There are a great many opinions and experiences being shared regarding hiring and tenure issues due to the economic downturn. Colleges and universities that keep their searches open are benefiting from a stronger than usual applicant pool, and first choices may more readily be accepting offers. Professor Molly Olsen at Macalester College in St. Paul argues that filling tenure track positions and maintaining the tenure line is important to students, educational quality, and the institution (Kerwin, 2009). But many schools are actively cutting spending in ways that particularly impact potential hires, adjuncts, and those on tenure track.
There is great variation in how schools are handling budget cuts. Those seeking tenure track are among a wider and more talented field aiming for fewer opportunities. Perhaps more than anything, institutional and departmental climate may dictate impacts on present faculty. Is a department seeking to diversify its faculty and expertise, or replicate itself? Is the present economic downturn a reason to award tenure and preserve faculty lines, or deny tenure to save money and fill teaching gaps with adjuncts? Does support for awarding tenure come from within the department, perhaps in spite of deans and provosts, or only from deans and provosts?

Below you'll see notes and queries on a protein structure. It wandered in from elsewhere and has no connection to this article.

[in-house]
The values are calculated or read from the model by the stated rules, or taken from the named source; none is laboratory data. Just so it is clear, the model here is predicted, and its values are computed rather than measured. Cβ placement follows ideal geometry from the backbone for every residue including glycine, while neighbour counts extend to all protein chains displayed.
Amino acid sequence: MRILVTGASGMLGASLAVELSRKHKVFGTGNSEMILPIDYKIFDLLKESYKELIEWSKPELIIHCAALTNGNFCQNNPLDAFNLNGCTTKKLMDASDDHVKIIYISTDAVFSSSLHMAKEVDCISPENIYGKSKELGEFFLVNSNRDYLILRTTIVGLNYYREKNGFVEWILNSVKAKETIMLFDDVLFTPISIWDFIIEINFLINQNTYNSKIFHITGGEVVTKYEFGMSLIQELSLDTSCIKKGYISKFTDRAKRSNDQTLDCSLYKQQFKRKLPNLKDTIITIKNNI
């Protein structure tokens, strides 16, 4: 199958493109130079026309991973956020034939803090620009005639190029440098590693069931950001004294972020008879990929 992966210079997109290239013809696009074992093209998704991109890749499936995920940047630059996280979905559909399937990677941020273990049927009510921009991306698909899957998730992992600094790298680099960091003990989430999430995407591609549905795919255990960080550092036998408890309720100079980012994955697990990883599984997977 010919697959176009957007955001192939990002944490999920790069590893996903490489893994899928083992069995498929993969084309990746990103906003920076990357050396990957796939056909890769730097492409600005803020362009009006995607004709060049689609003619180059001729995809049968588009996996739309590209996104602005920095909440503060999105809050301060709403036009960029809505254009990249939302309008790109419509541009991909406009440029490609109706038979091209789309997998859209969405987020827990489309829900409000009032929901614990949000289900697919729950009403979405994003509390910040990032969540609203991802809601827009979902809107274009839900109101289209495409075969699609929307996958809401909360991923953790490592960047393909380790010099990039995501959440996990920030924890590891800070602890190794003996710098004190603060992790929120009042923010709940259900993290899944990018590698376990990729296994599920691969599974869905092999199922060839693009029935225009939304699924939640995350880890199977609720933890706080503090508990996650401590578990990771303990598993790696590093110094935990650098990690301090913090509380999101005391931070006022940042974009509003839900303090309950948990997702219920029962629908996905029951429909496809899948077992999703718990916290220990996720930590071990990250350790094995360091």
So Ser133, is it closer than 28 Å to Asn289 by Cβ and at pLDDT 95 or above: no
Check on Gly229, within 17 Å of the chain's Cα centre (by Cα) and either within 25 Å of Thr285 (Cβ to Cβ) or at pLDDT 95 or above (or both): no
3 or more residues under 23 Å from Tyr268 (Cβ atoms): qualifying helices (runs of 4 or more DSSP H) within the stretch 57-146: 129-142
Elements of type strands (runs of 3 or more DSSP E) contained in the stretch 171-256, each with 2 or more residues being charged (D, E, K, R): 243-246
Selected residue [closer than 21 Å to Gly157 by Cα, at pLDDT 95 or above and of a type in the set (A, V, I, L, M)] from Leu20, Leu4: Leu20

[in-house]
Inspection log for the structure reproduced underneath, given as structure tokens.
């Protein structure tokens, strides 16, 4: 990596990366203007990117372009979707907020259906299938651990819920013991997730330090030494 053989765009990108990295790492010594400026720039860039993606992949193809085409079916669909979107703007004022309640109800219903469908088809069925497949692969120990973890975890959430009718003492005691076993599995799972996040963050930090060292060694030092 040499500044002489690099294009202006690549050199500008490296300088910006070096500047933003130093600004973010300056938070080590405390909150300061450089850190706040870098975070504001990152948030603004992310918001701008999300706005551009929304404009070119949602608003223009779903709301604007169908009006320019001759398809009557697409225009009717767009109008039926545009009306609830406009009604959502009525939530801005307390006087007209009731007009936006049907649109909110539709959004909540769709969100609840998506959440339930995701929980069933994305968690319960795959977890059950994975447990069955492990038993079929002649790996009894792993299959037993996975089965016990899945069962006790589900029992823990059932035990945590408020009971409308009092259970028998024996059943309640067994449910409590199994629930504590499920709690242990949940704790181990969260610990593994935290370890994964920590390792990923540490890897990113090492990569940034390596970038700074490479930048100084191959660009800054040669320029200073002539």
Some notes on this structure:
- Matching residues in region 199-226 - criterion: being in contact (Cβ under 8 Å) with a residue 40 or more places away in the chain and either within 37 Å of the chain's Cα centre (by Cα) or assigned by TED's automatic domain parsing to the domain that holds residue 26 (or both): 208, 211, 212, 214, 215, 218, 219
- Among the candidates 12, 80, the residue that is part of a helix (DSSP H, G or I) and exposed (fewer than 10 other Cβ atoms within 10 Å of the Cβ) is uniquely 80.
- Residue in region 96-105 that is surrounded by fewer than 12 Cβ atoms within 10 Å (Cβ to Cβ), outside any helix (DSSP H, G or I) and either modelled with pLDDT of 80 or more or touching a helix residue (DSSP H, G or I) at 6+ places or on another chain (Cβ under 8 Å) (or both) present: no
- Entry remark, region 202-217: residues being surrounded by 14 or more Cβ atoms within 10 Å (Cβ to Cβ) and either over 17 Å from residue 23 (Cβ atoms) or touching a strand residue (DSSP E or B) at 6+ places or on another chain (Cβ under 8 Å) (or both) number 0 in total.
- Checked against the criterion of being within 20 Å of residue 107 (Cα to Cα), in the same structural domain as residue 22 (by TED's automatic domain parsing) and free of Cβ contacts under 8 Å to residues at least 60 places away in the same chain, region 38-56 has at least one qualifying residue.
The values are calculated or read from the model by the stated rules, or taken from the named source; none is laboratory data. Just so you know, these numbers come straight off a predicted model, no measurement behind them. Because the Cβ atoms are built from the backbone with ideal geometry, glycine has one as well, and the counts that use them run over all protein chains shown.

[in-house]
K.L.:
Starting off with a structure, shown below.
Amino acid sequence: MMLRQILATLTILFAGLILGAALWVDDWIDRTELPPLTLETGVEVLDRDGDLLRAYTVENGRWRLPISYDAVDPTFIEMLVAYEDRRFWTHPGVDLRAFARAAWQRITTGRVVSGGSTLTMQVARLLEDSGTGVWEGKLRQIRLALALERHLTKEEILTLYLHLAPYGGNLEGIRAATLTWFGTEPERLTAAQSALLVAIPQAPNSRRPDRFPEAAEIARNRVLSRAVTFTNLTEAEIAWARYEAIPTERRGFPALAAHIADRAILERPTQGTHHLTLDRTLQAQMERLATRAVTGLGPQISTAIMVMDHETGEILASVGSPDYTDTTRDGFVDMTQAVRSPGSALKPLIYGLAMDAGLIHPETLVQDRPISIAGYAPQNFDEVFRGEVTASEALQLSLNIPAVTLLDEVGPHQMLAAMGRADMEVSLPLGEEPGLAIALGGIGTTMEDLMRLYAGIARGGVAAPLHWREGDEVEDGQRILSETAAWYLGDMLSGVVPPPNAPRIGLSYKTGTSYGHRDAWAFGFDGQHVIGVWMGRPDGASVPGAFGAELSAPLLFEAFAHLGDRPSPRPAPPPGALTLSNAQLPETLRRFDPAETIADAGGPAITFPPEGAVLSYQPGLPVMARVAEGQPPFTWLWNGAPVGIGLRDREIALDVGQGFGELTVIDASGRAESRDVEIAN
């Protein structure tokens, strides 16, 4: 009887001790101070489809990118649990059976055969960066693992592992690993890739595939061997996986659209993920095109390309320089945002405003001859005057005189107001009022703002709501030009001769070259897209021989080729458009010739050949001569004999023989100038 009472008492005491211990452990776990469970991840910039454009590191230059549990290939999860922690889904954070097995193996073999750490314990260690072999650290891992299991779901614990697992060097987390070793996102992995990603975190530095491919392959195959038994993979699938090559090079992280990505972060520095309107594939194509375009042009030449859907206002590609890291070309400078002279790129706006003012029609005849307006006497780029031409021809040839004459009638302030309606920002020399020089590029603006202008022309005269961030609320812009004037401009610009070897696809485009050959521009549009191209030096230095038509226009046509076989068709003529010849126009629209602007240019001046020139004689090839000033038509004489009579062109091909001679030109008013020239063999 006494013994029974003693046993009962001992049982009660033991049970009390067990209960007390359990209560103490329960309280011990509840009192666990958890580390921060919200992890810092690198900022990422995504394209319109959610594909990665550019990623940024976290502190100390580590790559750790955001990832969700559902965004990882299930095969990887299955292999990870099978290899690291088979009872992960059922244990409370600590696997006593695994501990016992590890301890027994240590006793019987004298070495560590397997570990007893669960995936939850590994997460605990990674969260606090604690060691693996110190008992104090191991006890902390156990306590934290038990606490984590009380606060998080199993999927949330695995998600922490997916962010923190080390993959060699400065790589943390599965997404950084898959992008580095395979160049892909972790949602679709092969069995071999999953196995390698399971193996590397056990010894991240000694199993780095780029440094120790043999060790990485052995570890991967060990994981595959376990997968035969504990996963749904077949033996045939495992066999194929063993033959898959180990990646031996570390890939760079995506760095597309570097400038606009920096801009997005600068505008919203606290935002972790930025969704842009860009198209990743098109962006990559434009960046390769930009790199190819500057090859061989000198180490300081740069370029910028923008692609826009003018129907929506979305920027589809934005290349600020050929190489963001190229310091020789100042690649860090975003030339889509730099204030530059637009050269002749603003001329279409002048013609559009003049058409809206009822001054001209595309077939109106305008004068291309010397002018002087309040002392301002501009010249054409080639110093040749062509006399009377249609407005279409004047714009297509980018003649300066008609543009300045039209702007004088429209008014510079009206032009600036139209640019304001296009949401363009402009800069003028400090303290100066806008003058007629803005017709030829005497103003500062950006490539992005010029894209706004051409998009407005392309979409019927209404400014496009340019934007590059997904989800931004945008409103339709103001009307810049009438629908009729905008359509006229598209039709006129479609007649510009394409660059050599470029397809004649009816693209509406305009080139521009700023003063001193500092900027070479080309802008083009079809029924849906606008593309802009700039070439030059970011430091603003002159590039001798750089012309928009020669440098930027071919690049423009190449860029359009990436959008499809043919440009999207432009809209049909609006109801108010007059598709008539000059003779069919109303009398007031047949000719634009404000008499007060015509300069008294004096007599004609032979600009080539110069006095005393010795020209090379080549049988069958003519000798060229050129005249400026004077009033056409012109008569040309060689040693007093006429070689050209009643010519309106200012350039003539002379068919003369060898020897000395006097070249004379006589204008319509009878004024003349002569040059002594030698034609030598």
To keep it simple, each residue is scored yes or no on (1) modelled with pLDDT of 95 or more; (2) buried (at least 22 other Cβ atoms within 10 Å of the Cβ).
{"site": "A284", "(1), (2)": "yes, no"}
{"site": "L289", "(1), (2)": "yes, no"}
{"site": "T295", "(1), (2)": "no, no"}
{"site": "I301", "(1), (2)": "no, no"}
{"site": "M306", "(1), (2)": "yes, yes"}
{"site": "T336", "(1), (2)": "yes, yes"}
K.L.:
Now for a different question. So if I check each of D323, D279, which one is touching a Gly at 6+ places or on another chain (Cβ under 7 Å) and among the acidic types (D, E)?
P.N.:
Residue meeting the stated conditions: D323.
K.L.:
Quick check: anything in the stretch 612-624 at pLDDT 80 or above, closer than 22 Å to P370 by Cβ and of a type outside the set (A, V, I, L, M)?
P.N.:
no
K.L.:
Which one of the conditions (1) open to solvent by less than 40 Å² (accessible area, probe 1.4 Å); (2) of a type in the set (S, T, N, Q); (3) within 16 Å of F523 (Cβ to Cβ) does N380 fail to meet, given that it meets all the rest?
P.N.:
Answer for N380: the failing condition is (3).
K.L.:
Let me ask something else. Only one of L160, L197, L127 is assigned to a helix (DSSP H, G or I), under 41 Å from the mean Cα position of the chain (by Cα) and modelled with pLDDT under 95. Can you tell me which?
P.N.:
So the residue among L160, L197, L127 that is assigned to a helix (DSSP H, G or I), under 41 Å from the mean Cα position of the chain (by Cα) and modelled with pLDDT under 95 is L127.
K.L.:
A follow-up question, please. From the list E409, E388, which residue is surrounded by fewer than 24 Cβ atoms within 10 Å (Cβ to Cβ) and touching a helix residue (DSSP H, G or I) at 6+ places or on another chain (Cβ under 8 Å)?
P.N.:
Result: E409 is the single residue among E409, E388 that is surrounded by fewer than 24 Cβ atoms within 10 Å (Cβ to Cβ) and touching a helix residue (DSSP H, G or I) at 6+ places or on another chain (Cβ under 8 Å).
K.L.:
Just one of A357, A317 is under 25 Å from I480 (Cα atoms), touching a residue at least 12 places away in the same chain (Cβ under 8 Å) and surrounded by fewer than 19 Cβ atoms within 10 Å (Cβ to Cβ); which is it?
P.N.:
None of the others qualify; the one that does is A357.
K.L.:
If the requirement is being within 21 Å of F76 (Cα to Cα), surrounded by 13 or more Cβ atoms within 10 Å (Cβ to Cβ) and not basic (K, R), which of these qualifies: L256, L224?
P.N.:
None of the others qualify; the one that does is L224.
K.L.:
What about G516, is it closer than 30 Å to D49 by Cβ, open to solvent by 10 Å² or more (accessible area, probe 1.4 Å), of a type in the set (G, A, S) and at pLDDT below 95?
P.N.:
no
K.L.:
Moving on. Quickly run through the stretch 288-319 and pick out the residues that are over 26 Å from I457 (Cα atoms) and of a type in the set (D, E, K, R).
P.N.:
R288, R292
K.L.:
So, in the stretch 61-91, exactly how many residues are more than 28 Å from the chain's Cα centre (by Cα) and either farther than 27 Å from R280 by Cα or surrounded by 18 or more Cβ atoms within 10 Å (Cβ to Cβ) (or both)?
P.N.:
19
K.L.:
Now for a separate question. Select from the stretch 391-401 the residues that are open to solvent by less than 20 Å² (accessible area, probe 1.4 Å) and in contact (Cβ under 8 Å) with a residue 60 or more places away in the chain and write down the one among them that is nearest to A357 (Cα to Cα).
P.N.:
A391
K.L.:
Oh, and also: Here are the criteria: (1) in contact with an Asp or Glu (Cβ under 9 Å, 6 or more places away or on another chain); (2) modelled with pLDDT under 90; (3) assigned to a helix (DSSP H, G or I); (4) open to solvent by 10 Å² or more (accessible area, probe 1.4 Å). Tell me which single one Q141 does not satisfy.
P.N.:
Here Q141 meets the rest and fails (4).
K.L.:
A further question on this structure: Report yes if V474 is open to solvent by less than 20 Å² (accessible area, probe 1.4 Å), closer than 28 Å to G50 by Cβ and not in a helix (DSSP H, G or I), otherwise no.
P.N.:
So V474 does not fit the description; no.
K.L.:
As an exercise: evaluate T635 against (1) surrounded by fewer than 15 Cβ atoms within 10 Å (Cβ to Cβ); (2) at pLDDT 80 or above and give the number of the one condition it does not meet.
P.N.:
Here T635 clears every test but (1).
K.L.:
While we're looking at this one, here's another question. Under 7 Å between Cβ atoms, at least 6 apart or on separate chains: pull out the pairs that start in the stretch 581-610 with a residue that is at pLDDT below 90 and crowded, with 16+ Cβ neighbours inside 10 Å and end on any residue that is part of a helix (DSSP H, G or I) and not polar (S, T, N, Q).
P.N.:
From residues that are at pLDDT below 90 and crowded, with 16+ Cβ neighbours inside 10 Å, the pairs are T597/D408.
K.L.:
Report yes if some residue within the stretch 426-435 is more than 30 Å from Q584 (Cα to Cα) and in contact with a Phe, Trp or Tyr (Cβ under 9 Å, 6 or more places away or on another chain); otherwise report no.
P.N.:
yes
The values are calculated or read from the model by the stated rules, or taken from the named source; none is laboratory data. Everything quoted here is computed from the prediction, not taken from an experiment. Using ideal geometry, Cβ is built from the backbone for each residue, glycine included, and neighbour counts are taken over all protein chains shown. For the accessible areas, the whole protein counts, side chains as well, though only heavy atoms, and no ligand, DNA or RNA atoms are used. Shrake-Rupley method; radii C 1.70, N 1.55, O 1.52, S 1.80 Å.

Generally, we know whether or not our departments and colleges provide a supportive climate for non-tenured faculty. In times of budget cuts, if they do, our working extra hard is more likely to pay off. If they do not, our working extra hard may just keep us in an environment that is unhealthy.
See: Daniel Kerwin, Current Professor Searches Draw Top Candidates, The Mac Weekly, February 20, 2009, available at http://media.www.themacweekly.com/media/storage/paper1230/news/2009/02/20/News/Current.Professor.Searches.Draw.Top.Candidates-3639236.shtml